The next morning at Lornbridge Hills, I spot Eddie Cho watering plants and confront him.
He sighs heavily and then begins to breaks down. I mention Serafina Morton’s name and he explains the secret affair. He admits that they were meeting secretly on “walks” every morning and afternoon. It turns out that they met at a spot in the copse of trees less than ten metres from where Sian’s body was hidden. They would spend 30-45 minutes together, and leave separately. On the evening the body was found, they had arrived just before 4pm. The sun had not quite set, and they had seen the body. Serafina had been almost impossible to calm down, so Eddie sent her home. This doesn’t surprise me, given Serafina’s behaviour yesterday. Unfortunately, she was seen by Johanna on the way back, who later realised that the claim of Bagel finding the body at 4:30pm could not have been correct, especially as the sun would have set by then making Eddie’s claim of seeing a hand “as clear of day” impossible. Eddie had waited until Serafina was safely home before alerting the police, and wasted some time deliberating whether or not he should call the them at all. Hoping that no one knew just how well trained his dog Bagel is, he claimed that the dog ran into the forest and found the body.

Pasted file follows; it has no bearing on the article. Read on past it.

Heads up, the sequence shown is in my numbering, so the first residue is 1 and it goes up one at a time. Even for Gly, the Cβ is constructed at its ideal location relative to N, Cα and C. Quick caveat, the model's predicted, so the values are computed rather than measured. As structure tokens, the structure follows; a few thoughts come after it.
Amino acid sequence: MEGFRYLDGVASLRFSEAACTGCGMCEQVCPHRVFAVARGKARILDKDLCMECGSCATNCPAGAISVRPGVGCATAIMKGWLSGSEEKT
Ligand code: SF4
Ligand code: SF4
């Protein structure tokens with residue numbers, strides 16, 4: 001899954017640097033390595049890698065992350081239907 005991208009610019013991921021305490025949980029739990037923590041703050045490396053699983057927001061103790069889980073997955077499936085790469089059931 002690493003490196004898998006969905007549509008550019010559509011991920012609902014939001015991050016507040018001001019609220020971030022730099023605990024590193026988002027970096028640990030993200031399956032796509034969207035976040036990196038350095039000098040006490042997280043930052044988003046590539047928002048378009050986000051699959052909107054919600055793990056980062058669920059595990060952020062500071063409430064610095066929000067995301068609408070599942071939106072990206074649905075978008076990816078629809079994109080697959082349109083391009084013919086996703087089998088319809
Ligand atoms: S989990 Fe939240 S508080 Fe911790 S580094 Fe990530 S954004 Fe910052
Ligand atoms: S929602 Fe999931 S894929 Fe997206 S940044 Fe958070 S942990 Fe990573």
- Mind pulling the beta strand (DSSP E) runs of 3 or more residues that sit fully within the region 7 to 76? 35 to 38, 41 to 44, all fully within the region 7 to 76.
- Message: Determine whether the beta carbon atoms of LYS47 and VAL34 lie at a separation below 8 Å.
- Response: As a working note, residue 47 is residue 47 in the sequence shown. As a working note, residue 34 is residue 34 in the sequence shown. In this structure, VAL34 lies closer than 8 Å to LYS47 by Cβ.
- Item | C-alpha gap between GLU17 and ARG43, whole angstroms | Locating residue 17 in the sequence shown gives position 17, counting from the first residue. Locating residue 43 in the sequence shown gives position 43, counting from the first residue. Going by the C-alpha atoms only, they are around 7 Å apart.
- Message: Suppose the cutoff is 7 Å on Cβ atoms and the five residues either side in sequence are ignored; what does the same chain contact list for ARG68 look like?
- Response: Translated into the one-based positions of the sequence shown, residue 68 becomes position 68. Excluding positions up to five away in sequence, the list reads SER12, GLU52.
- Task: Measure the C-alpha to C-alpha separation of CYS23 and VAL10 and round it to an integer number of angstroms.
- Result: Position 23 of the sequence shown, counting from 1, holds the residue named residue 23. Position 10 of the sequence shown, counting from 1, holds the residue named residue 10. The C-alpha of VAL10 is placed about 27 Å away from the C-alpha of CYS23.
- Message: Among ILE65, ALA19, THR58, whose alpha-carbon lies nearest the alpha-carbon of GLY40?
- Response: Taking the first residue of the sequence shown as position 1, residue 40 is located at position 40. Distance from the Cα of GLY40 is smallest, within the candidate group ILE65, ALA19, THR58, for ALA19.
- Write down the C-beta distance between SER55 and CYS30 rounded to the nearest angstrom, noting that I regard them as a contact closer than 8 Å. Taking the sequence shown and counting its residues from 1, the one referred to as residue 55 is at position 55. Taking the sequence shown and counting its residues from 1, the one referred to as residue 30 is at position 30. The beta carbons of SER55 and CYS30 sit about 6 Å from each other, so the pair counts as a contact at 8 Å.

“What bad timing for us!” He says emotionally. “We thought Ariel Kowlinski spotting us embrace last week was a big problem but nothing prepared us for Sunday!”
Yes, how inconvenient that a dead girl should ruin your secret rendezvous, I think, but I understand how keeping this all in must have made Eddie Cho feel – not just the lie, but the truth about his miserable home life. Best not to judge, I just let him know that Bates will be along shortly to take him down to the station to provide a full statement.